The Alliance for Community Transit-Los Angeles (ACT-LA) hosted a rally to press for equitable and affordable Transit-Oriented Development (TOD) in the city of L.A. The rally took place at Grand Park, directly across the street from City Hall. ACT-LA representatives made visits to Los Angeles City Councilmembers to encourage them to get the ball rolling on enacting new TOD policy.
Formed in 2011, ACT-LA is an alliance of more than 25 non-profit organizations working in the fields of affordable housing, economic development, environment, public health, social justice, and transportation. The full listing of ACT-LA member groups is available online; it includes many organizations Streetsblog readers may be familiar with: East L.A. Community Corporation (ELACC), Koreatown Immigrant Workers Alliance (KIWA), Little Tokyo Services Center, Natural Resources Defense Council (NRDC), Public Counsel, Southeast Asian Community Alliance (SEACA), Strategic Actions for a Just Economy (SAJE), Pacoima Beautiful, Investing in Place, L.A. County Bicycle Coalition (LACBC), and many others.
From the campaign website, ACT-LA’s goal is:
a citywide Transit-Oriented Development policy that:
– Prevents Displacement by ensuring a net gain of truly affordable housing in transit-oriented neighborhoods through enhanced incentives for affordable housing production and strengthened tools for affordable housing preservation;
– Increases Access to Jobs so residents of transit-oriented neighborhoods can live near their work;
– Preserves Community Assets and Culture;
– Promotes Healthy, Green, Walkable, and Bike-Friendly Neighborhoods; and
– Ensures Deep Civic Engagement of transit’s core riders and residents most vulnerable to potential displacement.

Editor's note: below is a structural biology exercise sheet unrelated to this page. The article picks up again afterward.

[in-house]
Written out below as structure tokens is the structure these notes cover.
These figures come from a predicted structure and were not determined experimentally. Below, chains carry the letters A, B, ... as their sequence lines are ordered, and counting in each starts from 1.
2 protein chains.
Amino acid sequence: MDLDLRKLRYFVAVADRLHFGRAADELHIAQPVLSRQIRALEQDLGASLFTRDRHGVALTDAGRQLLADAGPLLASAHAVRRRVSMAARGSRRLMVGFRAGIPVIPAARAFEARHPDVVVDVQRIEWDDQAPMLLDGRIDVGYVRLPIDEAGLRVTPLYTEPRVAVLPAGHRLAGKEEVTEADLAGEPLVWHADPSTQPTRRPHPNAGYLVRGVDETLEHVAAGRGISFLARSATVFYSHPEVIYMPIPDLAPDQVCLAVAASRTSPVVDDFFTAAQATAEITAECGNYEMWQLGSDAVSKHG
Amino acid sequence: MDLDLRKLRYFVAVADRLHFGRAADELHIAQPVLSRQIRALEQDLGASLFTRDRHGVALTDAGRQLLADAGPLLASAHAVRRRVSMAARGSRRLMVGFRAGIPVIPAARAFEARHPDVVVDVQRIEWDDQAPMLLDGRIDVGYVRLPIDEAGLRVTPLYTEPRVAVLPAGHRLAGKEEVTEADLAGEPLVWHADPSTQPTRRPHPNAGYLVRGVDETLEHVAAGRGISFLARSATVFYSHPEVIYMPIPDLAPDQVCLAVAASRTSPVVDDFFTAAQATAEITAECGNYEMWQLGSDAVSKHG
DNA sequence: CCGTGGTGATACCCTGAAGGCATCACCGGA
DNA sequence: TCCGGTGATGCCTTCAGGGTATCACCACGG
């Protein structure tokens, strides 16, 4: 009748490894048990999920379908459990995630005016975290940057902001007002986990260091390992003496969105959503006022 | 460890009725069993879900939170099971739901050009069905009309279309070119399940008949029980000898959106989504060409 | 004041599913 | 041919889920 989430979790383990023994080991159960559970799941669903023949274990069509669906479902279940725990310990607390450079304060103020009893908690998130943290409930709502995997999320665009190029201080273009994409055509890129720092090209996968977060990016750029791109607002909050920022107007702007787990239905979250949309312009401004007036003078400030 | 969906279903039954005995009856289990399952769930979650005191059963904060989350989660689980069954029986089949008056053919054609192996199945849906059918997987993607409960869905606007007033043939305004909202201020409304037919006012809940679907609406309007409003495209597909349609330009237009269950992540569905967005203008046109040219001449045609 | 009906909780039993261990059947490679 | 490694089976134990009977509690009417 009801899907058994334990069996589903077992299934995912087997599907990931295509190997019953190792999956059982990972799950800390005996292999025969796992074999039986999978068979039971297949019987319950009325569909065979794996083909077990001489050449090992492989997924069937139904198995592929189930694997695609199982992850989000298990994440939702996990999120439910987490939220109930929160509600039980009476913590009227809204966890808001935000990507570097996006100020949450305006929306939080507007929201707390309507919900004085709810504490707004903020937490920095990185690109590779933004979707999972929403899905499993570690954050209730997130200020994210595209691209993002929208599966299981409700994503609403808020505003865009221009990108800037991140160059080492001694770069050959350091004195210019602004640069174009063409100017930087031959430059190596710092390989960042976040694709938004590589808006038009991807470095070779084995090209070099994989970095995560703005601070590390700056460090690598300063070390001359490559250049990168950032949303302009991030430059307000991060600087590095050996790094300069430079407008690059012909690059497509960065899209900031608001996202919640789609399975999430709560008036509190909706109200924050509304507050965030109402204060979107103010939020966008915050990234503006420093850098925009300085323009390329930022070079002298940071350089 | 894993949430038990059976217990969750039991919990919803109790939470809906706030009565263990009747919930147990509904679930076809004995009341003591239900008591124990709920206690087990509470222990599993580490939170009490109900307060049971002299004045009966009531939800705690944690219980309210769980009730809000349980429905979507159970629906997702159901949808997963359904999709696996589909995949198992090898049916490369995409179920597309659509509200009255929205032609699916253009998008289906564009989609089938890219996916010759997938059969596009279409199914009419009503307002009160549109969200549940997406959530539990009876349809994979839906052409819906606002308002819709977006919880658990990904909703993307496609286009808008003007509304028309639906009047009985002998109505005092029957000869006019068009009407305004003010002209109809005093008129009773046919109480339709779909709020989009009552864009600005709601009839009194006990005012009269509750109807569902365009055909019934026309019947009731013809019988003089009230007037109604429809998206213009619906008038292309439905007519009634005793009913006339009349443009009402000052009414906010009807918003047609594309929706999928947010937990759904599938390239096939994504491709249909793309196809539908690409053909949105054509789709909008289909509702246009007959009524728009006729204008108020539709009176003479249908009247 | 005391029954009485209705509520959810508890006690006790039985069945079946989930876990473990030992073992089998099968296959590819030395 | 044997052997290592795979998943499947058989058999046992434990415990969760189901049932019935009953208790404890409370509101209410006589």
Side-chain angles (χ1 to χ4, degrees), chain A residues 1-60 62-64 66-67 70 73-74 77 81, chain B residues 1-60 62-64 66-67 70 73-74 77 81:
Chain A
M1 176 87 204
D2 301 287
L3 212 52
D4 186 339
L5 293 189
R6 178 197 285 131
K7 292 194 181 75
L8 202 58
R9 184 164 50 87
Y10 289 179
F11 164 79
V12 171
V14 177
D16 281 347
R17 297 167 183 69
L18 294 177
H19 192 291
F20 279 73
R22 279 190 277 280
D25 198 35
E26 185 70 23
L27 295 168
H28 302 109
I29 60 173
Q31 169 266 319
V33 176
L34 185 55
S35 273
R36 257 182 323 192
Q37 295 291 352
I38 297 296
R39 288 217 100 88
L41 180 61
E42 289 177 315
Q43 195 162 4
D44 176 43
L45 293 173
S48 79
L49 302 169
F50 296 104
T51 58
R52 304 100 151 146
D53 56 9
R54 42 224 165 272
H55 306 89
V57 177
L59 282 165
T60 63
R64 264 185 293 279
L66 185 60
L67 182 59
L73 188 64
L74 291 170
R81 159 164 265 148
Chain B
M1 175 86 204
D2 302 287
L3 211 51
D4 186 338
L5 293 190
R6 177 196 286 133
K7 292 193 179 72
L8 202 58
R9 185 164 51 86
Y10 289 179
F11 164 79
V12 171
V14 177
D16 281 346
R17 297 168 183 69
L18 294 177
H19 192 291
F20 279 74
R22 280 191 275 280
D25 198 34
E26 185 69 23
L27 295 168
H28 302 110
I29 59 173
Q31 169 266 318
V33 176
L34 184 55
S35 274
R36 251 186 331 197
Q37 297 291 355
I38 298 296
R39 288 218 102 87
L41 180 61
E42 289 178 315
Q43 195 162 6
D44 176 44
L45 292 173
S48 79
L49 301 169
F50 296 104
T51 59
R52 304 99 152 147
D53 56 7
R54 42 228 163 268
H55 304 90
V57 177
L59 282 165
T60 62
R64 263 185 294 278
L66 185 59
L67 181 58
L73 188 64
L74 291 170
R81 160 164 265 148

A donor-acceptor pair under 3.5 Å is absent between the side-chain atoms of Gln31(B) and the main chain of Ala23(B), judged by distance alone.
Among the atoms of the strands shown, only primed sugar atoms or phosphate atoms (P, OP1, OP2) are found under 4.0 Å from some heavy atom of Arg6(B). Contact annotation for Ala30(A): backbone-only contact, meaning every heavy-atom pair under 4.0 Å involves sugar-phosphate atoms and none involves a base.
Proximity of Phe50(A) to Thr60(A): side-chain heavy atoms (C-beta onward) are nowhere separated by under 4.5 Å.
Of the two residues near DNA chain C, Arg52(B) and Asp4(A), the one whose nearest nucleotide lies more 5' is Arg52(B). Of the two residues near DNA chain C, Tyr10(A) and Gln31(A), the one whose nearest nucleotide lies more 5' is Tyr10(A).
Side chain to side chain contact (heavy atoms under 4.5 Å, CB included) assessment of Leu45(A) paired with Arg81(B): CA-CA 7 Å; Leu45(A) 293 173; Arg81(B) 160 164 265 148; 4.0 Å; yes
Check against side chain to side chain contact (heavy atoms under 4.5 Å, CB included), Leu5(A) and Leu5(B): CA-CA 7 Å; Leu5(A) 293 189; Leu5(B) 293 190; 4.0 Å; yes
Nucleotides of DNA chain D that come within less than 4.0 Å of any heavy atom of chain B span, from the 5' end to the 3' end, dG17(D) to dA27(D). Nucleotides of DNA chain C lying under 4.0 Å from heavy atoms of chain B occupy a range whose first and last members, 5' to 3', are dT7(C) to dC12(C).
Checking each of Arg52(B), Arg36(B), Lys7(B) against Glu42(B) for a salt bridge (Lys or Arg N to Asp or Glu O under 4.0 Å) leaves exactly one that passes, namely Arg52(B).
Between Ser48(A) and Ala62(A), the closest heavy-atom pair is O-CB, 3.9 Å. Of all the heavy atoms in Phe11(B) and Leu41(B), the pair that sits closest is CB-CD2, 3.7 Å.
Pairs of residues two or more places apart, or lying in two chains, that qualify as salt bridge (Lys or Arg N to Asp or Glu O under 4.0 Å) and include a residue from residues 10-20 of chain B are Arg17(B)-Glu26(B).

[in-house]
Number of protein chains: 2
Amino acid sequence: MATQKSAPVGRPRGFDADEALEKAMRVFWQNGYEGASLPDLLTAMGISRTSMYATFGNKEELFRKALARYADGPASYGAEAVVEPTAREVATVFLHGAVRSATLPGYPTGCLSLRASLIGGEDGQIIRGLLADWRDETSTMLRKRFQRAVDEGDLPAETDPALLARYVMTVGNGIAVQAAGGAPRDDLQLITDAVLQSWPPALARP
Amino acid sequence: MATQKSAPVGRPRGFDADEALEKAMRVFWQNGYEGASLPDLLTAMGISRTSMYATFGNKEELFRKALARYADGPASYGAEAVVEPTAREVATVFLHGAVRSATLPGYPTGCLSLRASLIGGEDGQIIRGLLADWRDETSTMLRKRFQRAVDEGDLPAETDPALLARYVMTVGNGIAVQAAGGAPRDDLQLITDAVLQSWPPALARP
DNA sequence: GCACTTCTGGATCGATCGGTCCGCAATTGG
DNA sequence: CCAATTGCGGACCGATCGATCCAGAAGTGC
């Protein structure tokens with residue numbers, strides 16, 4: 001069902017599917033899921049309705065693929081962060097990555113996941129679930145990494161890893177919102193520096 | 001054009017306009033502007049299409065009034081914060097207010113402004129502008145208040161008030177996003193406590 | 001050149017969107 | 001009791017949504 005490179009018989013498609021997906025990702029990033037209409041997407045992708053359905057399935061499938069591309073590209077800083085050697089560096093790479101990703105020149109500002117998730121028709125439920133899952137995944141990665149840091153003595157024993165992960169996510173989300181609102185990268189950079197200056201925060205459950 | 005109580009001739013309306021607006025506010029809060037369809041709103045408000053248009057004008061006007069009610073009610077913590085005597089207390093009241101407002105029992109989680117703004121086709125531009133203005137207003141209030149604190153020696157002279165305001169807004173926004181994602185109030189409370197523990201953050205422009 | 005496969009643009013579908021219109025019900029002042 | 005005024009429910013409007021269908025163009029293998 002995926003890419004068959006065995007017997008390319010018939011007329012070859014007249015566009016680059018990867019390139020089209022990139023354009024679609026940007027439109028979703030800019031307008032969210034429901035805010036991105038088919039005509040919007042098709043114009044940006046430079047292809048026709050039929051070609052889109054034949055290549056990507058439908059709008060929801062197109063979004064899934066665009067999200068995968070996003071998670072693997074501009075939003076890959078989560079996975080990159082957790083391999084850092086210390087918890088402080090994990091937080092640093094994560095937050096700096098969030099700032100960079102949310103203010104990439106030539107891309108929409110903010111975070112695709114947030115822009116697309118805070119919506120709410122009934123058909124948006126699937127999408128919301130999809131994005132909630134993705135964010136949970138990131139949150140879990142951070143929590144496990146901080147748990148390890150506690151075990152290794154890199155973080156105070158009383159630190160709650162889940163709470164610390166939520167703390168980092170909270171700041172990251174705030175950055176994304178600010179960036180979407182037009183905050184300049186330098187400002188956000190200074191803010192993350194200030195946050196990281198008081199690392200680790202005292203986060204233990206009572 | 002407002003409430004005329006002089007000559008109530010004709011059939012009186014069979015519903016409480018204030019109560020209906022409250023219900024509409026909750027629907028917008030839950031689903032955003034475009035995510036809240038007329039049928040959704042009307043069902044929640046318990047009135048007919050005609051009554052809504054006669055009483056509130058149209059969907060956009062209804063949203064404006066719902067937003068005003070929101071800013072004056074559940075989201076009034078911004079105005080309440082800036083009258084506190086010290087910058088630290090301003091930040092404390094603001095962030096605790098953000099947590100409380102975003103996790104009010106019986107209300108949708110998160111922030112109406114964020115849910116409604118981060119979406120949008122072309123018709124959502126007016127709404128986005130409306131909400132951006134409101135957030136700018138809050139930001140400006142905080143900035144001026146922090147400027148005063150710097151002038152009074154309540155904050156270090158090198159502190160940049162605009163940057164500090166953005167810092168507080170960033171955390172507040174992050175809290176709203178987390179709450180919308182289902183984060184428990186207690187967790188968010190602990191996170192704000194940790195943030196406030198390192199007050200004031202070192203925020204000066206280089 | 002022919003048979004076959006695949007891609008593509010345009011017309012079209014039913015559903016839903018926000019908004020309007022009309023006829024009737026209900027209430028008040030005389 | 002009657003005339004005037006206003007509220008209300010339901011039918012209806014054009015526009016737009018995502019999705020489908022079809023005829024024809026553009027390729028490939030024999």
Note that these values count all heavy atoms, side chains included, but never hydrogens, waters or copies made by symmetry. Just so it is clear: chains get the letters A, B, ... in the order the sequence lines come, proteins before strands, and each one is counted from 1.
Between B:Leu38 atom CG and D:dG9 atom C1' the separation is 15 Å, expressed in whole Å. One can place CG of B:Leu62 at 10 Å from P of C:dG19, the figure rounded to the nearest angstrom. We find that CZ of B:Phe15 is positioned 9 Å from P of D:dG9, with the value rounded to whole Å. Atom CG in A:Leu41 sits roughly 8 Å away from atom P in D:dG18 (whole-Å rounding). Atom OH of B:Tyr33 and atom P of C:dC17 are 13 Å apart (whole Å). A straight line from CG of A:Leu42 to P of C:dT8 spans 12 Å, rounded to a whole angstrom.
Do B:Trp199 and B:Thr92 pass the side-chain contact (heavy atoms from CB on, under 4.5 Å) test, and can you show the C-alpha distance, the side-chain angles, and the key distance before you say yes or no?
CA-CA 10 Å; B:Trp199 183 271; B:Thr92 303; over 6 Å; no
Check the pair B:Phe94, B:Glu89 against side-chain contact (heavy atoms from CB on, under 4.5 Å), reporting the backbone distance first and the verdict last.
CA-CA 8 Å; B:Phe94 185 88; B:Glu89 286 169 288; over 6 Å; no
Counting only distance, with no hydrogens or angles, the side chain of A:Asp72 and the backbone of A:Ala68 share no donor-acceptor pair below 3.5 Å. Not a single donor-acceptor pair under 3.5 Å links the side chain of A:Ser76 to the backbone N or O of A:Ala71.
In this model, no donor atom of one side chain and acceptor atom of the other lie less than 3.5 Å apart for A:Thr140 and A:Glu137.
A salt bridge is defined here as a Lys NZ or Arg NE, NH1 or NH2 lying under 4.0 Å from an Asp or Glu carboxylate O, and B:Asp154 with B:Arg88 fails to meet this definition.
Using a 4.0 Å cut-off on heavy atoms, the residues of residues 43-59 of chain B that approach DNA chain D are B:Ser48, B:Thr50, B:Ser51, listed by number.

It is early in the campaign process, so there is no specific council motion or ordinance proposed.
In the past, there have been a few proposed TOD ordinances floated, but never adopted by the city. Mayor Villaraigosa issued a directive creating a Transit Corridors Cabinet to work on TOD planning and policy, but no broad and lasting policies emerged from it. The Planning Department has received Metro and county grants to do TOD planning along the Blue, Green, and Expo rail lines with little to no results in the way of adopted policies or plans. L.A. faces a housing affordability crisis, but efforts to foster density and affordability are sometimes stifled by various factors, from neighborhood resistance, to outdated plans, to a lack of resources. Meanwhile, Metro CEO Phil Washington has taken steps to align Metro policies and resources to foster development of Transit-Oriented Communities.
Will the stars align for ACT-LA’s campaign for equitable TOD? It will take a smart campaign and plenty of pressure and persistence to change L.A.’s outdated TOD policies. ACT-LA’s broad coalition of effective community groups is just what is needed to make this happen.